This is the second part of the new vSphere 6.0 improvements and or new features blog series. The first part covered the vMotion improvements and can be found here. VMware vSphere 6.0 documentation page including release notes, installation documents, upgrade documents, component documentation and so on can be found here.
This part of the blog series will cover the vSphere Fault Tolerance which is a feature that provides you zero downtime for a virtual machine (VM) during an ESXi host failure (hardware and/or software). The previous FT feature used VMware vLockstep technology which you can read more about here. The new FT version uses Fast Checkpointing that is very fast and permit continuous copying/checkpointing of the VM.
For a few years now the vSphere Fault Tolerance (FT) feature has been limited to protect VMs with one vCPU. I have seen technical previews of the feature supporting more than 1 vCPU a few times over the years while visiting VMworld events.
Now it is finally here and FT now supports 4 vCPUs. This includes the new setup of the FT protected VM which consists of one primary VM and one identical running copy of the same called secondary VM:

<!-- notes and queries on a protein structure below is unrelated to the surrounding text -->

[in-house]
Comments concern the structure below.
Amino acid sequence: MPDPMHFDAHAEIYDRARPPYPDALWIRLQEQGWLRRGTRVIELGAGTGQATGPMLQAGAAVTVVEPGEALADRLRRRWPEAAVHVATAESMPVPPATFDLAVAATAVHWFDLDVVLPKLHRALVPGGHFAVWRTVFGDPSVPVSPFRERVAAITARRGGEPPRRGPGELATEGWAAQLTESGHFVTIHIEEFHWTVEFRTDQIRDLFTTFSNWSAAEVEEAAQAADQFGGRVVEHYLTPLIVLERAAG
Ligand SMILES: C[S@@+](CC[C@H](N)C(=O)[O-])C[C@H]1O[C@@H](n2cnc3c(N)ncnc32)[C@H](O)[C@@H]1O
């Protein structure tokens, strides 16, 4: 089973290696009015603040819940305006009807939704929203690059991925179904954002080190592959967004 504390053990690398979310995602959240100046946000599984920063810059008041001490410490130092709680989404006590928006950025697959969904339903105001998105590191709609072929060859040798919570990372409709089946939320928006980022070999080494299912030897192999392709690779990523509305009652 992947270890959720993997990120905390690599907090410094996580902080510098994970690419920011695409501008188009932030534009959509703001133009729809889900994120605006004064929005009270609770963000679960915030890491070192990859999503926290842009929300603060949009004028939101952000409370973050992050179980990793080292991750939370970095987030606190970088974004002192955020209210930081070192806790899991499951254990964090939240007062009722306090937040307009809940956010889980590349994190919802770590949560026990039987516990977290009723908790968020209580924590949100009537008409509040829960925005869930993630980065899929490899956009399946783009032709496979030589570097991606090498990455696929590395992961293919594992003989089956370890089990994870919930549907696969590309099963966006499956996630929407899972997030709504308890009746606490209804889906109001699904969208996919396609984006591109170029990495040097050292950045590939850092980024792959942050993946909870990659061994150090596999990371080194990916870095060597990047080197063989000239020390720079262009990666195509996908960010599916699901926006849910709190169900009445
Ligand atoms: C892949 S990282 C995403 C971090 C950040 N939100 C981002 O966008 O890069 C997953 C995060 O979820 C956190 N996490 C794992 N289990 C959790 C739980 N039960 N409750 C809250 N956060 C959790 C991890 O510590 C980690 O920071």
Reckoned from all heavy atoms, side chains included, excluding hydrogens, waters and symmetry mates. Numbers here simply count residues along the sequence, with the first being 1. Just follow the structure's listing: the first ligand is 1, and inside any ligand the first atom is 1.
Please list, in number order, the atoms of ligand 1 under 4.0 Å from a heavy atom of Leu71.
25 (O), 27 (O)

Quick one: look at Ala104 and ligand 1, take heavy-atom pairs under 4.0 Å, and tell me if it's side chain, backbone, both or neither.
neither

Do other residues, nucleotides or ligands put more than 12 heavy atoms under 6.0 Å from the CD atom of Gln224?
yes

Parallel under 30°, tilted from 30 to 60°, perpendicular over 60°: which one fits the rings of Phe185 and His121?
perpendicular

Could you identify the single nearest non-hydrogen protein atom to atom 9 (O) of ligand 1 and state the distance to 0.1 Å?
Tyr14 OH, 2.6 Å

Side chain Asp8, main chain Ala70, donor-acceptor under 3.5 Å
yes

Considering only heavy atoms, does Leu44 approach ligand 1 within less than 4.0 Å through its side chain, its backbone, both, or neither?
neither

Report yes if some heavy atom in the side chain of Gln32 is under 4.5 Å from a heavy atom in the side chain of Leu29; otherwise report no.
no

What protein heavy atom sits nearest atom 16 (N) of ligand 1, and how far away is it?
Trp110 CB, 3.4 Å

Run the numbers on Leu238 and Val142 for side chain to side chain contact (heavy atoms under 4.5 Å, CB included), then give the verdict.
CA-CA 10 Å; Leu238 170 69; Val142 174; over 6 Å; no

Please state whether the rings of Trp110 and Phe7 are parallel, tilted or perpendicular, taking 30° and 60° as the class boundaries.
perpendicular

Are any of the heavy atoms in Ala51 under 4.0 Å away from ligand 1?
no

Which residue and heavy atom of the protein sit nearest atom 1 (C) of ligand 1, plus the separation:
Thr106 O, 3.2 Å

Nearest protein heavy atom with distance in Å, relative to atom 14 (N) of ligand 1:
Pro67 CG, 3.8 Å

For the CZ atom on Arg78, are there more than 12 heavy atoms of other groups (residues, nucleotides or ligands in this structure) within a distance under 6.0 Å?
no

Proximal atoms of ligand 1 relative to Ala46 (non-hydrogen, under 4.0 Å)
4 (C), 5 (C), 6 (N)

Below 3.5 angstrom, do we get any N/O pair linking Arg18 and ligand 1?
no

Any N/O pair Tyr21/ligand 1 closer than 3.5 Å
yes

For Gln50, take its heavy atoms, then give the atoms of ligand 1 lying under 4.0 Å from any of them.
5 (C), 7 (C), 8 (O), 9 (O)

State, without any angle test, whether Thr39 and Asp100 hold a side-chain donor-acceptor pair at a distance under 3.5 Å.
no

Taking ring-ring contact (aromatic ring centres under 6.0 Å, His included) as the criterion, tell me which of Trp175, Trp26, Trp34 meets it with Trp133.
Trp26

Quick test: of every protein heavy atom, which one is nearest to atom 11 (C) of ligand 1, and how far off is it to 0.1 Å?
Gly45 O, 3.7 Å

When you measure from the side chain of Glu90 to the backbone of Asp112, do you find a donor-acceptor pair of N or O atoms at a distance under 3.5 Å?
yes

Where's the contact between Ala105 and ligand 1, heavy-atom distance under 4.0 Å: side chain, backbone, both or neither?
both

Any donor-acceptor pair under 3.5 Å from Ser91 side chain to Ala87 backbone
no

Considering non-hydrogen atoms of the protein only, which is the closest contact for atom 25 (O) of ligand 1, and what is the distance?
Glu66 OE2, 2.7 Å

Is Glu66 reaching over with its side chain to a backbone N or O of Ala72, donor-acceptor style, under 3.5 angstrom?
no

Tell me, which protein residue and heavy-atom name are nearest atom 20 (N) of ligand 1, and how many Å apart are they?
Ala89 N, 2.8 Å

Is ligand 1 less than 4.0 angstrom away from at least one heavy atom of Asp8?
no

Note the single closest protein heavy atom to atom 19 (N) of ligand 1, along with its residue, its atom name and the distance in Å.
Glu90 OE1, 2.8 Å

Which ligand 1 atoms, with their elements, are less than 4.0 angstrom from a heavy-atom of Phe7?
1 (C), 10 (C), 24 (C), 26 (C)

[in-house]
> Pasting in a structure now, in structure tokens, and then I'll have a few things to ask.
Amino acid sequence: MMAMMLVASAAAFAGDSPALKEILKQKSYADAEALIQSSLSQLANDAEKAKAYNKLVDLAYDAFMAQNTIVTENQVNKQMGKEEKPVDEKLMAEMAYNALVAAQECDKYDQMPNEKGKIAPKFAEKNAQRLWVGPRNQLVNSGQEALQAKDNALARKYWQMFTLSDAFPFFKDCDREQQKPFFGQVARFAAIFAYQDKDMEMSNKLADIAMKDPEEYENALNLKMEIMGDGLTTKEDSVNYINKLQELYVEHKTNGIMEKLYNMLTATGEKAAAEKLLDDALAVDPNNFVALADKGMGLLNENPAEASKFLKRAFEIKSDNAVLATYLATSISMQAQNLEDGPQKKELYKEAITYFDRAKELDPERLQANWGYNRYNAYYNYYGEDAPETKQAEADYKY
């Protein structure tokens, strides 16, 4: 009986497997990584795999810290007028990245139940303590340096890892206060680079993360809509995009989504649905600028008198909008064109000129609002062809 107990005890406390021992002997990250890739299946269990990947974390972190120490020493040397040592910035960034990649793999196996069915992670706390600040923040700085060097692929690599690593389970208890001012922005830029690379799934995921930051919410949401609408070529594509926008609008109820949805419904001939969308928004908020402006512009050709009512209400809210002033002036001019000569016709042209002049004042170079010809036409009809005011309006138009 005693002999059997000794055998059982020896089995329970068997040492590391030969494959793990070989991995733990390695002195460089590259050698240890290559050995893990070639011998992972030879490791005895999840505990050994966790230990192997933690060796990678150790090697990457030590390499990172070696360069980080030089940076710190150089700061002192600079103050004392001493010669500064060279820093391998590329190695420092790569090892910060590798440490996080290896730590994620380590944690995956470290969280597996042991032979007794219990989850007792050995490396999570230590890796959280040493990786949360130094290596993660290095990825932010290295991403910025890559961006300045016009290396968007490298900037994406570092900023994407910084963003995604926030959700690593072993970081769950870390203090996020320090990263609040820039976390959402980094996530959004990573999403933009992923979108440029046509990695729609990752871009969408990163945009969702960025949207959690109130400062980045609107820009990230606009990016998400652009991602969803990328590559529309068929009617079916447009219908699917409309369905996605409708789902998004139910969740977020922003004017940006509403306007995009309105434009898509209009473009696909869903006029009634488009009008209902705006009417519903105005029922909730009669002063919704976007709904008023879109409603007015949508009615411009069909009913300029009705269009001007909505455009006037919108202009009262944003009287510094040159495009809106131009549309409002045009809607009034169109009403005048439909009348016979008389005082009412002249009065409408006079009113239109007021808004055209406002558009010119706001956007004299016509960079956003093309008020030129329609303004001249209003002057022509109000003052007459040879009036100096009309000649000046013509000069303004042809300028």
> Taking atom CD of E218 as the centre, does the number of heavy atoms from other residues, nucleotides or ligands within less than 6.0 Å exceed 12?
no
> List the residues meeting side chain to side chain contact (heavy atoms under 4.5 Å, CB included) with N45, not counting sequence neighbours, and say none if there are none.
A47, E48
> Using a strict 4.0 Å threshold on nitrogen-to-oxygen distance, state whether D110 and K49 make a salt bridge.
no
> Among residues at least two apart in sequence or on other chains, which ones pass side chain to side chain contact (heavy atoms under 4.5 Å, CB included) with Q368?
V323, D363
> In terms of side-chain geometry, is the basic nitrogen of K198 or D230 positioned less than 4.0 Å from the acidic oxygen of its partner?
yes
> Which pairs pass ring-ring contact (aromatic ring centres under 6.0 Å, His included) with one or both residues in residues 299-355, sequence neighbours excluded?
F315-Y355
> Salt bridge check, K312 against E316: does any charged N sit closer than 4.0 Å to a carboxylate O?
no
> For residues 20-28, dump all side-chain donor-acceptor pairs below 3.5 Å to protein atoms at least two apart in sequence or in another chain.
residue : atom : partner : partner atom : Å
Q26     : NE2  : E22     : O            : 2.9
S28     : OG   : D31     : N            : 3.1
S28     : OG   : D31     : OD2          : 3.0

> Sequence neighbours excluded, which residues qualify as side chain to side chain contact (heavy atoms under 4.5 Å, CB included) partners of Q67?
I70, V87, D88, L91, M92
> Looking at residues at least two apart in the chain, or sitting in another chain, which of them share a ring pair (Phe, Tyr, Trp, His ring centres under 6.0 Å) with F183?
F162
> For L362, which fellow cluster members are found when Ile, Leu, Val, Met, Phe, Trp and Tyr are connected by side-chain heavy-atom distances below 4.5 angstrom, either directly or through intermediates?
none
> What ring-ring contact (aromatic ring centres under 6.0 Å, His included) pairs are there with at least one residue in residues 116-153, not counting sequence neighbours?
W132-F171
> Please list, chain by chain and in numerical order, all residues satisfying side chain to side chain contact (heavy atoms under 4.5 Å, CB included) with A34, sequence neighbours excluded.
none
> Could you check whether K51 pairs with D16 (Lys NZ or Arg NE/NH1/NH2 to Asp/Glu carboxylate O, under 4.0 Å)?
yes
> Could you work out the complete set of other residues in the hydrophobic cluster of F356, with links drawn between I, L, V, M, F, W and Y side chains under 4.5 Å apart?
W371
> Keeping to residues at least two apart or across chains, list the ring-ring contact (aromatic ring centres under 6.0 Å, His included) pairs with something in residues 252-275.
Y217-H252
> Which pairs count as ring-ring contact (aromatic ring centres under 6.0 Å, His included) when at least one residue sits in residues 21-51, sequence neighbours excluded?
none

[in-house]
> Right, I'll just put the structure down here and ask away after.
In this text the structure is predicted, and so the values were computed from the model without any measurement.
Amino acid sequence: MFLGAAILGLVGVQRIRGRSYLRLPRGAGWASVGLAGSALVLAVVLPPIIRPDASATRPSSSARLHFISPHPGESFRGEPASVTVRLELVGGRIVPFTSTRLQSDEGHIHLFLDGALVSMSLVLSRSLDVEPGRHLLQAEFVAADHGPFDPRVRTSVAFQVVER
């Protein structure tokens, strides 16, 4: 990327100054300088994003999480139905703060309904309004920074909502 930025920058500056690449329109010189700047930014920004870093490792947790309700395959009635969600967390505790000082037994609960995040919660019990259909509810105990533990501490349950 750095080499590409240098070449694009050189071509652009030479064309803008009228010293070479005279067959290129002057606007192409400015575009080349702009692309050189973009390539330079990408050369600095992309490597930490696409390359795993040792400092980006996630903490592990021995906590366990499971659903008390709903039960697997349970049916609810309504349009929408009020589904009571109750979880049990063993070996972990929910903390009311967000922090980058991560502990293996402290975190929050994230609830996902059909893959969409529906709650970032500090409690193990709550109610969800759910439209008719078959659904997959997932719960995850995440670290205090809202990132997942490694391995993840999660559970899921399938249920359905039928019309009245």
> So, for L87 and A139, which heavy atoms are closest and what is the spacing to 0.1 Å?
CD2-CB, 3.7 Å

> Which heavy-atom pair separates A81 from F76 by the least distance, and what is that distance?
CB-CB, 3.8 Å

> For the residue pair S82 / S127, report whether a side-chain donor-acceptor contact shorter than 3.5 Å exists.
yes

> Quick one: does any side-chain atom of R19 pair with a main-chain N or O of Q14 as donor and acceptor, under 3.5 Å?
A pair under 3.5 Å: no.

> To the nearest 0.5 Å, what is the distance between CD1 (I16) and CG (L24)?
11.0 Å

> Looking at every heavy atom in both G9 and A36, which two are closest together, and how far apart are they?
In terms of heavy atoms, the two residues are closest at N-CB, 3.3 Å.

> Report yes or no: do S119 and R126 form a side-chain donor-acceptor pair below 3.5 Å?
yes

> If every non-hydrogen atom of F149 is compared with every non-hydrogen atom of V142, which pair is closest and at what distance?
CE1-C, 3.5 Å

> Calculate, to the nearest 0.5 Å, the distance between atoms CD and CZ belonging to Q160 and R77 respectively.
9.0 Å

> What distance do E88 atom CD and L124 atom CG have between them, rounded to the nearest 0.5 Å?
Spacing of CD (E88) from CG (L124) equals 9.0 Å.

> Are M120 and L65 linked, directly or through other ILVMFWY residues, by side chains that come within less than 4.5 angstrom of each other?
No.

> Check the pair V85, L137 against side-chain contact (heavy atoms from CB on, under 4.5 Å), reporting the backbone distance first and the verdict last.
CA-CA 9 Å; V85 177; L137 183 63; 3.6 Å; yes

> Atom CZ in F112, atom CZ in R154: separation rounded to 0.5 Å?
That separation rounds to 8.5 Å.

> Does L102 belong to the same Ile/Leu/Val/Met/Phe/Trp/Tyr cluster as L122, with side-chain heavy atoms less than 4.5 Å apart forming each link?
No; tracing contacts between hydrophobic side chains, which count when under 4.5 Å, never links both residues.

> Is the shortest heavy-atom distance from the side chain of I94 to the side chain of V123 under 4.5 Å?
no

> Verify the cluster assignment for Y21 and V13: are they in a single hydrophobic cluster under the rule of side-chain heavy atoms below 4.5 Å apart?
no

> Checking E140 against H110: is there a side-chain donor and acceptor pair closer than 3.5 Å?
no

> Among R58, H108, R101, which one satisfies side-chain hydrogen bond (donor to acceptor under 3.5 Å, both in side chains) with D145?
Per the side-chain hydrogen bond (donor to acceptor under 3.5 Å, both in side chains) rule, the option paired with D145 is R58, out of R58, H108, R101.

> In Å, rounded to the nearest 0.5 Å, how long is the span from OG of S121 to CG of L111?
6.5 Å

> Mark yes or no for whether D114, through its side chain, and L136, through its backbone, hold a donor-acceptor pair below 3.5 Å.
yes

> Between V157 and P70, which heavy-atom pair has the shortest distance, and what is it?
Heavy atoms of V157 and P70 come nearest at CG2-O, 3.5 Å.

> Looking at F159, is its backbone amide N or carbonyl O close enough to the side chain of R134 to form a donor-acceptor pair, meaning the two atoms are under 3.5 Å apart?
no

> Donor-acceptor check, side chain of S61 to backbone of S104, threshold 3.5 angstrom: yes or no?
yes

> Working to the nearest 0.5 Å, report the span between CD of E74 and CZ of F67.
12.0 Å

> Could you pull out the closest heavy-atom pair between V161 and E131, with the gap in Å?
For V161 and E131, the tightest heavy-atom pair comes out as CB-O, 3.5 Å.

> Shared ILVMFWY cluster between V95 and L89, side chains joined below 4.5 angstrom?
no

- one configuration, .vmx, file per VM (primary and secondary). This is same as previous version
- separate VMDK (disk and disk configuration files). This is NEW in this release of FT.
- Allowed to be on different datastores. This is NEW in this release of FT.
- Does not require Eager Zeroed Disk, can use any disk format. This is NEW in this release of FT.
- Hot configure FT. This is NEW in this release of FT.
This means you can protect a complete other types of workloads and one that pops up in my mind immediately is the vCenter Server. The vCenter Server is a critical component for traditional vSphere environments from a management perspective and from both a management and functionality perspective when you add services such as VMware Horizon View, vCloud Director and vRealize Automation.
At present time, 2015-02-09, before vSphere 6.0 GA VMware says the protecting vCenter Server using FT will be supported in some cases. I’ll update the blog post when i get more information.
Anyway, it’s great being able to add this new level of availability for the management component with a vSphere out of the box (OOB) feature.
Because of the Fast Checkpointing technology the new FT feature is more resource intensive and requires a 10 Gbps connection since data will be copied between the ESXi hosts running the primary and secondary VM. A maximum of 4 VMs or 8 vCPUs can be protected per ESXi host, whichever limit is reached first.
The third blog post in the series covers Multi-Site Content Library and can be found here.
vSphere 6.0 configuration maximums can be found here.